[TestMethod]
public void TestValueRange()
{
  while (GenerateDataForThisMethod(
              out string startState, out double inputValue)))
  {
     TestOneValue(startState, inputValue);
  }
}
// Parameterized test method:
public void TestOneValue(string startState, double inputValue)
{
     // Arrange - Set up the initial state:
     objectUnderTest.SetKey(startState);

     // Act - Exercise the method under test:
     var outputValue = objectUnderTest.MethodUnderTest(inputValue);

     // Assert - Verify the outcome:
     Assert.IsTrue(PostConditionForThisMethod(inputValue, outputValue));
}

// Verify the relationship between input and output values and states:
private bool 
    PostConditionForThisMethod 
          (string startState, double inputValue, double outputValue)
{
    // Accept any of a range of results within specific constraints:
    return startState.Length>0 && startState[0] == '+'
                    ? outputValue > inputValue 
                    : inputValue < outputValue;
}

To test an object that has internal state, the equivalent test would set up a starting state from the test data, and call the method under test, and then invoke the postcondition to compare the starting and ending states.

The advantages of this separation are:

  • The postcondition directly represents the actual requirement, and can be considered separately from issues of what data points to test.
  • The postcondition can accept a range of values; you don't have to specify a single right answer for each input.
  • The test data generator can be adjusted separately from the postcondition. The most important requirement on the data generator is that it should generate inputs (or states) that are distributed around the boundary values.

Pex generates test data

Take a look at Pex, which is an add-in for Visual Studio.

There's also a standalone online version.

Pex automatically generates test data that provides high code coverage. By inspecting the code under test, Pex generates interesting input-output values. You provide it with the parameterized version of the test method, and it generates test methods that invoke the test with different values.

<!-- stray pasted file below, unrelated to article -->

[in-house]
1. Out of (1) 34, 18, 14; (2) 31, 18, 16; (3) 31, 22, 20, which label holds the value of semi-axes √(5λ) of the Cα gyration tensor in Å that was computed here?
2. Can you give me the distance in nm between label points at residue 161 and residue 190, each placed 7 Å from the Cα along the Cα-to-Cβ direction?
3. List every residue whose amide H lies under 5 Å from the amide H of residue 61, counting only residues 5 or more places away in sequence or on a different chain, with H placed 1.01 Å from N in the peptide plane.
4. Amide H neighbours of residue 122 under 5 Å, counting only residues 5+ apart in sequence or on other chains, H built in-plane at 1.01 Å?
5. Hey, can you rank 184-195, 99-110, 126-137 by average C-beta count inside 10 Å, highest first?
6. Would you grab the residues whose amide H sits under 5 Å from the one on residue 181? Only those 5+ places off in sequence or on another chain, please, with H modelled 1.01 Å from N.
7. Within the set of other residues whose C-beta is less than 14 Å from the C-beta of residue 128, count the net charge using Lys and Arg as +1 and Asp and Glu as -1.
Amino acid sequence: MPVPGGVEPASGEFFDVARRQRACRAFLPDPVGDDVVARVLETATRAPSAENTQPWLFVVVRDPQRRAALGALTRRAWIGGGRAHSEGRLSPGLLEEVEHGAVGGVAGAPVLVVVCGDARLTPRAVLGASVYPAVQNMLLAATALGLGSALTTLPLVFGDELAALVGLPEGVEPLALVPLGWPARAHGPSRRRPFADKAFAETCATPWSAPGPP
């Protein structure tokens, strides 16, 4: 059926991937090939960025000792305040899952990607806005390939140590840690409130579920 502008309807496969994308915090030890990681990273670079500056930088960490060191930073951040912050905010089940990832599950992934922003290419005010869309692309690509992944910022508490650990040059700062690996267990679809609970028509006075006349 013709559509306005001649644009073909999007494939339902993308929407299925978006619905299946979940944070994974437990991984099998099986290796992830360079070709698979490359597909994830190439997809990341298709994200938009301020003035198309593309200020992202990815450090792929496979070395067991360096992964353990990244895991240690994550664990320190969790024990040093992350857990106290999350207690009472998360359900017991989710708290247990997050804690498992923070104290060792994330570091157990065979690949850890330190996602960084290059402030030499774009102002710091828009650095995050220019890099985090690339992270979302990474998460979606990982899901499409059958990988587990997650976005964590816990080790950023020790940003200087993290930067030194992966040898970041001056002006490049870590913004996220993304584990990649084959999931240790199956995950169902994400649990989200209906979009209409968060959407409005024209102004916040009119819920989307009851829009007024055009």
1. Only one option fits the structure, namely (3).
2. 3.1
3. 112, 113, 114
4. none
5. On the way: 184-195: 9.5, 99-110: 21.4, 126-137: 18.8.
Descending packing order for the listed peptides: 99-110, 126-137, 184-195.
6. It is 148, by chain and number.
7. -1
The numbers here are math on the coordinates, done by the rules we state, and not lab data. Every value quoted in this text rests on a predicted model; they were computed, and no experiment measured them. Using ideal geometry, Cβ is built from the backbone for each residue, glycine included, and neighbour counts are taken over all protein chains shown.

(The website also talks about Moles, an add-in for Visual Studio 2010, which has been replaced by an integrated feature, fakes, for Visual Studio 2012.)

Isolation testing: fake implementations

If the component that you are developing depends on another component that someone else is developing at the same time, then you have the problem that you can't run your component until theirs is working.

A less serious issue is that even if the other component exists, its behavior can be variable depending on its internal state, which might depend on many other things; for example, a stock market price feed varies from one minute to the next. This makes it difficult to test your component for predictable results.

The solution is to isolate your component by replacing the dependency with a fake implementation. A fake simulates just enough of the real behavior to enable tests of your component to work. The terms stub, mock, and shim are sometimes used for particular kinds of fakes.

The principle is that you define an interface for the dependency. You write your component so that you pass it an instance of the interface at creation time. For example:

// This interface enables isolation from the stock feed:
public interface IStockFeed
{
  int GetSharePrice(string company);
}

// This is the unit under test:
public class StockAnalyzer
{
    private IStockFeed stockFeed;

    // Constructor takes a stockfeed:
    public StockAnalyzer(IStockFeed feed) { stockFeed = feed; }

    // Some methods that use the stock feed:
    public int GetContosoPrice() { ... stockFeed.GetSharePrice(...) ... }
}

By writing the component in this way, you make it possible to set it up with a fake implementation of the stock feed during testing, and a real implementation in the finished application. The key thing is that the fake and the real implementation both conform to the same interface. If you like interface diagrams, here you go:

JJ159340.48E54A20DA18DF9BDAA8F533D846494F(en-us,PandP.10).png

Interface injection

This separation of one component from another is called "interface injection." It has the benefit of making your code more flexible by reducing the dependency of one component on another.

You could define FakeStockFeed as a class in the ordinary way:

// In test project.
class FakeStockFeed : IStockFeed
{
   public int GetSharePrice (string company) { return 1234; }
}

And then in your test, you'd set up your component with an instance of the fake:

    [TestClass]
    public class StockAnalysisTests
    {
        [TestMethod]
        public void ContosoPriceTest()
        {
            // Arrange:
            var componentUnderTest = new StockAnalyzer(new FakeStockFeed());
            // Act:
            int actualResult = componentUnderTest.GetContosoPrice();
            // Assert:
            Assert.AreEqual(1234, actualResult);
        }
    }

However, there's a neat mechanism called Microsoft Fakes that makes it easier to set up a fake, and reduces the clutter of the fake code.

Microsoft Fakes

If you're using MSTest in Visual Studio 2012, you can have the stub classes generated for you.

In Solution Explorer, expand the test project's references, and select the assembly for which you want to create stubs—in this example, the Stock Feed. You can select another project in your solution, or any referenced assembly, including system assemblies. On the shortcut menu, choose Add Fakes Assembly. Then rebuild the solution.

Now you can write a test like this:

[TestClass]
class TestStockAnalyzer
{
    [TestMethod]
    public void TestContosoStockPrice()
    {
      // Arrange:

        // Create the fake stockFeed: